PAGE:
Sooner or later it will come up, that ‘thing’ about “leaving like an English person” or “to leave English-style”. For quite some time I thought I’d got away with it, but no, now it’s been queried twice in the space of two months. Some stereotypes are true after all. The fact that they, the Russians, will remark upon it is one example, and the fact the we, the English, will, on occasion, do “it” is another.
The expression refers to the noted tendency for a Brit to simply walk out of a social gathering, party or similar as if everyone – and crucially – the hosts- had simply ceased to exist. Or, arguably more offensively, as if they had simply ceased to matter. The departing Russians will still be shaking hands with new acquaintances and thanking the hosts, whilst the Brits have already departed in silence and are heading down the street to move on with their lives! How do I know this is true? -why, it’s because I’ve done it of course. I’ve also returned “like an English person”; -slotting back into the party later and carrying on like nothing happened. Is that so wrong? Probably, although I don’t think that they have an expression for that one, yet.
At this point, you may already be thinking something akin to “well, there’s no way that I would do something like that”, and you are probably right, after all: you should know. But what about leaving with a perfunctory “cheers” and a casual wave of the hand? That’s the ‘lite’ version.
Of course, we are discussing a trend in the graph, so to speak, not an absolute certainty in all cases. It’s consistent enough to be noticed, and to therefore be a “thing”.
The reaction tends to be one of mildly amused puzzlement, as it seems, from a Russian perspective, to be such an odd thing to do. This may fly in the face of another stereotype: that the Russians are cold, stern, unfriendly and unsmiling people. Such a statement is a red-flag that the complainant has not really experienced Russian culture in anything other than the most superficial manner and then merely glanced-off. No one has been everywhere or knows everything, so that’s ok. Alternatively, perhaps he or she has just been unlucky and met the wrong people, every society has its quota of ‘wrong’ people, after all.
We interpret Russian plain-speaking as rudeness, and their wary psychological distance with unknown, unquantified people as innate unfriendliness. Believe me though, if you get welcomed into their world, behind this seemingly impenetrable wall, then you’ll be faced with a good deal more hospitality and familiarity than you perhaps bargained for, -and with unvoiced assumptions of reciprocation to boot.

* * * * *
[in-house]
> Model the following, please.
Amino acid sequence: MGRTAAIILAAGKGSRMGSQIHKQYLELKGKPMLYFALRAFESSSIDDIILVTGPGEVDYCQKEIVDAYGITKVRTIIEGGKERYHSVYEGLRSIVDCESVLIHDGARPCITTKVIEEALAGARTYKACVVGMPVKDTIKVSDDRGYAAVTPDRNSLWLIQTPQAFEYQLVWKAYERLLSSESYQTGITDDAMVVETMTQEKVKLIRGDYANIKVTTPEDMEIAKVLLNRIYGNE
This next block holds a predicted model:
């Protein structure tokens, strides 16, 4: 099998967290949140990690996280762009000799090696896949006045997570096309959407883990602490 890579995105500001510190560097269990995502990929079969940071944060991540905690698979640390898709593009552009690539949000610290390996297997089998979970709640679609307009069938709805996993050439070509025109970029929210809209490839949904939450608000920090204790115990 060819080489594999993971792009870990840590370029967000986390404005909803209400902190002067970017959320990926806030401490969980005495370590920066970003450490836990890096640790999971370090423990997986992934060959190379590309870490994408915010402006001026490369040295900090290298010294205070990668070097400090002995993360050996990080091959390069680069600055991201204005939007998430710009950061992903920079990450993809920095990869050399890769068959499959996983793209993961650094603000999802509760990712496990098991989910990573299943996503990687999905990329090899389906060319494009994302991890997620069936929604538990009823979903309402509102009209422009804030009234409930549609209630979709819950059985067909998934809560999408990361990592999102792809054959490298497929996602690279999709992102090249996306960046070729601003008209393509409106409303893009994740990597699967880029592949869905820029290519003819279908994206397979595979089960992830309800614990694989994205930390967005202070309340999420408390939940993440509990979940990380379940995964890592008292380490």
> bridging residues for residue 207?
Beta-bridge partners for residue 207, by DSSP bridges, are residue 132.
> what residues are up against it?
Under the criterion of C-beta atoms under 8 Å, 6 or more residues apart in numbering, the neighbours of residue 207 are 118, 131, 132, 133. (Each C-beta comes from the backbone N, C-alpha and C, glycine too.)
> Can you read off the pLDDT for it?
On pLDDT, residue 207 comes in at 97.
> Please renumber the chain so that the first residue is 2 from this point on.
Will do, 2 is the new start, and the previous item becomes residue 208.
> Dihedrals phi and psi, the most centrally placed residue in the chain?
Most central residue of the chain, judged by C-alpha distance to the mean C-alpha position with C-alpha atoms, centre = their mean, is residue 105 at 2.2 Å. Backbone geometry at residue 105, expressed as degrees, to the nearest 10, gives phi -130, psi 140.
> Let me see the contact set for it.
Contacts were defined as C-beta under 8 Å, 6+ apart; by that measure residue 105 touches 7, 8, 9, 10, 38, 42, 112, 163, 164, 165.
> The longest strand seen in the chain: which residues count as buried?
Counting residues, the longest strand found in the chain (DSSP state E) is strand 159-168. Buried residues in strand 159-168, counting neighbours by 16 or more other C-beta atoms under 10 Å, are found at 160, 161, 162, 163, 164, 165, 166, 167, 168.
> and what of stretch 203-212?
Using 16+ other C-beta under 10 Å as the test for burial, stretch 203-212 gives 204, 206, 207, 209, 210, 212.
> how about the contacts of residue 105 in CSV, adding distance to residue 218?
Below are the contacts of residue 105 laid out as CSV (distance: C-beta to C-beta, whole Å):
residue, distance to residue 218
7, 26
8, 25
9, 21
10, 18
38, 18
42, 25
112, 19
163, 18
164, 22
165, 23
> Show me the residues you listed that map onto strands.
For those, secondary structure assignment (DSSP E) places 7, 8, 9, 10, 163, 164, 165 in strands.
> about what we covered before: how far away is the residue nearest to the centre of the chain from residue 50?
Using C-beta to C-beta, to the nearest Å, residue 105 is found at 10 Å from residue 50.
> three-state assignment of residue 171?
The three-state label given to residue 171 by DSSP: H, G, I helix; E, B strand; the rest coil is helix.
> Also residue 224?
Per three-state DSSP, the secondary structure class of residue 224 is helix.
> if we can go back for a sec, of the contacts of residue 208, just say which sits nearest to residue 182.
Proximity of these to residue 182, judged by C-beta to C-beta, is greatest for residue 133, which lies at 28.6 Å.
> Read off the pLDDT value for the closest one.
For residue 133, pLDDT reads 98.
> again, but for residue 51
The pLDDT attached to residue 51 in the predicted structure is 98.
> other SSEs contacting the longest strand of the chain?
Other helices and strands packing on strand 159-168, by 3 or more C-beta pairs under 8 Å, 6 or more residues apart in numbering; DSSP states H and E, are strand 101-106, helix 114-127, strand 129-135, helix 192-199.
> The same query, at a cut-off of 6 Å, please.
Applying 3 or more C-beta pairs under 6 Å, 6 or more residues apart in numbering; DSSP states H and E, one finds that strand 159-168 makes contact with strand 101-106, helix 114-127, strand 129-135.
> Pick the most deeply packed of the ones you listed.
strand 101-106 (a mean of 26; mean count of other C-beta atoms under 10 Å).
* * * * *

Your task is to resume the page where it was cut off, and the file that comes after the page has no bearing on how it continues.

Similarly, they look superficially at us and immediately see an apologetic, reserved politeness, almost to the point of delicacy. They hear us lace and weave our questions with: “sorry, but…”, “I hope you don’t mind if…”, “may I ask…” etc, lest we somehow offend each other by asking something directly (the horror!), whilst they get to the point and frankly just want the answer. They have a one-word, formal equivalent of “excuse me”, and frankly, that will have to do.
Also, notable – to them – is the frequent default use of our “sorry” (again) in casual, incidental encounters. For instance, when someone is blocking our way or nearly walks into us by not paying attention, and without thinking, we are the ones to automatically say “sorry”.
There comes the inevitable, disappointed realisation -for them- though; that our “politeness” is often as superficial as their icy “wall”. After paying attention, they inevitably notice that our smiling auto-apology -or even “thank you”- is often followed by a muttered: “idiot” under our breath, after the bumbling target has wandered off. So, we are superficial, two faced, social cowards, -sometimes. Similar to the inevitable “leaving like the English”, this topic is also on the cards and heading your way sooner or later.
Also, why all the smiling? They may ask, as they see us superficially beaming to unknown strangers. Again, sadly, superficial is the operative word (or perhaps; an ulterior motive). Russians do smile,-a lot, but it’s usually reserved for situations when there is something ‘solid’ behind it; amongst friends, for example. If you walk through Russia casually smiling at strangers, you will quite possibly appear mentally deficient, a ‘grinning idiot’, or be asked – quite genuinely- “do you know me?”. So, in essence, it’s often about context with them; that there’s an appropriate situation and reason for various types of behaviour. Also, back to generalisations again, they usually mean it, and we often don’t.
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